In sum, we make the following contributions:

  1. [topsep=0pt,itemsep=-1ex,partopsep=1ex,parsep=1ex,labelindent=0.0em,labelsep=0.2cm,leftmargin=*]

  2. To the best of our knowledge, this is one of the earliest deep learning based approaches that succeeds in the task of PCB component detection. We provide a dataset of 32 off-the-shelf boards that are densely annotated with components and will release it publicly.

  3. We propose a pipeline consisting of similarity learning and a novel graph network block that outperforms existing non-local graph networks. The model is successfully trained with only a limited amount of data while achieving strong performance.

  4. We show the potential of our proposed Graph Network to jointly solve various challenging problems in computer vision research, including detection with few training examples, skewed type distribution, domain bias, etc

  5. In-depth analysis and discussion for this challenging task is provided, pointing out a path for future research on this topic.

In the rest of this paper, we briefly review relevant works in Section 2. In Section 3, we propose our model and introduce each part in detail. In Section 4, we provide implementation details, and conduct extensive experiments and ablation study for our proposed model. We discuss the reasons for the failure cases in Section 5, and conclude with areas for future work in Section 6.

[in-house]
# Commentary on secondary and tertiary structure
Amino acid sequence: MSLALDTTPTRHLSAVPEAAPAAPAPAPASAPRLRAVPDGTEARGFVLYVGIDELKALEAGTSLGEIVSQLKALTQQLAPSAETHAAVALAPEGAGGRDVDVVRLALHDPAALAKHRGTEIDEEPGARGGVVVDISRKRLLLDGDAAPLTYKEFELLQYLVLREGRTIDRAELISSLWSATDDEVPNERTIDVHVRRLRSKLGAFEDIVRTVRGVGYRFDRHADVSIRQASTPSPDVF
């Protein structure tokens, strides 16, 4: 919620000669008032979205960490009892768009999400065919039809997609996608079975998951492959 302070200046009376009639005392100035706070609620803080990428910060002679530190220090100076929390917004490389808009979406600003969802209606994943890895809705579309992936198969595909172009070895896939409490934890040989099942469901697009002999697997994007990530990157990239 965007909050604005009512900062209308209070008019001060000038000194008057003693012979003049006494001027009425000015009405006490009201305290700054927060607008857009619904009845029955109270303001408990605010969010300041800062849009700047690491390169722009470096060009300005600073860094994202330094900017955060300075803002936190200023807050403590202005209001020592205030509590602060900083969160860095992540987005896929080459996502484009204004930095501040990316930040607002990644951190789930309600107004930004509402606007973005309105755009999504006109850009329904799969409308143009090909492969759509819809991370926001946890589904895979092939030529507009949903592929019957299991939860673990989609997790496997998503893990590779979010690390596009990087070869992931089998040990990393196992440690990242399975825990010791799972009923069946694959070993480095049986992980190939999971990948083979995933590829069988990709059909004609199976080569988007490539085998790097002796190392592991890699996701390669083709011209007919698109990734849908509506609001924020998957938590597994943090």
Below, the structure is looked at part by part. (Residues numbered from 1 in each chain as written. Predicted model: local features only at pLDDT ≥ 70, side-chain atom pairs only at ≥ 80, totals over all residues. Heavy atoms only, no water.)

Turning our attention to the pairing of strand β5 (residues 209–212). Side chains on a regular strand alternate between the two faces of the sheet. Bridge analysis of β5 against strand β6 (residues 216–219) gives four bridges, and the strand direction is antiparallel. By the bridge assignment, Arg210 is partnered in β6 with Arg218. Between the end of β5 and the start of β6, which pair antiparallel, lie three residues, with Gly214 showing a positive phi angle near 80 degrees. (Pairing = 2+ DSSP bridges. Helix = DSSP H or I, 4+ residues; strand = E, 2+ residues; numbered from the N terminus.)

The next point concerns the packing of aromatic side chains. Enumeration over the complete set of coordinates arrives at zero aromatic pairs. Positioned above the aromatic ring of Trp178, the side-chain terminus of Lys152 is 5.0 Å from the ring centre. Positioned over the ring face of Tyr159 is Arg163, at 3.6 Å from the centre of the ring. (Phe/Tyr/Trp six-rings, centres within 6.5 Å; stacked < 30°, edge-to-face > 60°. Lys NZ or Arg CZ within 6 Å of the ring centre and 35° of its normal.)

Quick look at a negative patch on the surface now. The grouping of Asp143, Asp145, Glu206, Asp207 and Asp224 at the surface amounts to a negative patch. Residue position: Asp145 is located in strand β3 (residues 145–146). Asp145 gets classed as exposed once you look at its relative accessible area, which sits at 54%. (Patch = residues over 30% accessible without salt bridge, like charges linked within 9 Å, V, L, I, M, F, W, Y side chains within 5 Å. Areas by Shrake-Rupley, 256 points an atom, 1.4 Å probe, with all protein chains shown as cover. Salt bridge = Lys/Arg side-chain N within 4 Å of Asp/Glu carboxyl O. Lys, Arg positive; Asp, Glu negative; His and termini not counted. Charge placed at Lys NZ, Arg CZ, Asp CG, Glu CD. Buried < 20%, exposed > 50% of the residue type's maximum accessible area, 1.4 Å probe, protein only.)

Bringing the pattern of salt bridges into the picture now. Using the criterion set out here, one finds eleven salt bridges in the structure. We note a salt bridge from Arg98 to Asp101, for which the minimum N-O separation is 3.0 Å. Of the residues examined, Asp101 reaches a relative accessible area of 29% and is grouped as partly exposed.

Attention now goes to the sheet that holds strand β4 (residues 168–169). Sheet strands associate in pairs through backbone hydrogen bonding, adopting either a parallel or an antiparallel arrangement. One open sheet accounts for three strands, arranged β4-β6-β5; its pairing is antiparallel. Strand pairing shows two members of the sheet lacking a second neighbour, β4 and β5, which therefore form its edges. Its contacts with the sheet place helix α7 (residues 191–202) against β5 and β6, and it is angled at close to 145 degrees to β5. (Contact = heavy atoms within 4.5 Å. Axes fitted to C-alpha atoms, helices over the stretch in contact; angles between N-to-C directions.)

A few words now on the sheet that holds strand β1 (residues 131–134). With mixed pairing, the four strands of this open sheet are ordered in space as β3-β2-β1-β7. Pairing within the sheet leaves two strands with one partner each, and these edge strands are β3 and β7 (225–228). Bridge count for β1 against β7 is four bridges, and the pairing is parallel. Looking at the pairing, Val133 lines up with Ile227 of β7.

2 Related Works

2.1 Object Detection

The computer vision research community has made remarkable progress in object detection [7, 24] in recent years. Thanks to the reliable performance of these networks, they have greatly facilitated the development of self-driving cars, robotics, and many other practical applications. There are also many open-source implementations [12] that are stable, easy to use, and well documented such that researchers can fine-tune their pre-trained models for task-specific applications. However, almost all object detection networks need to be trained on a large-scale dataset for decent performance. As opposed to image classification, there are few attempts for low-shot learning in object detection. Unfortunately, in our task of PCB component detection, it is expensive to construct a large-scale dataset for fine-tuning such detection network. Furthermore, there is inherent ambiguity in classifying components due to intra-class variance. Therefore, we investigate methods that can leverage inherent structure in the data (namely, within PCB boards) which traditional detection methods do not do.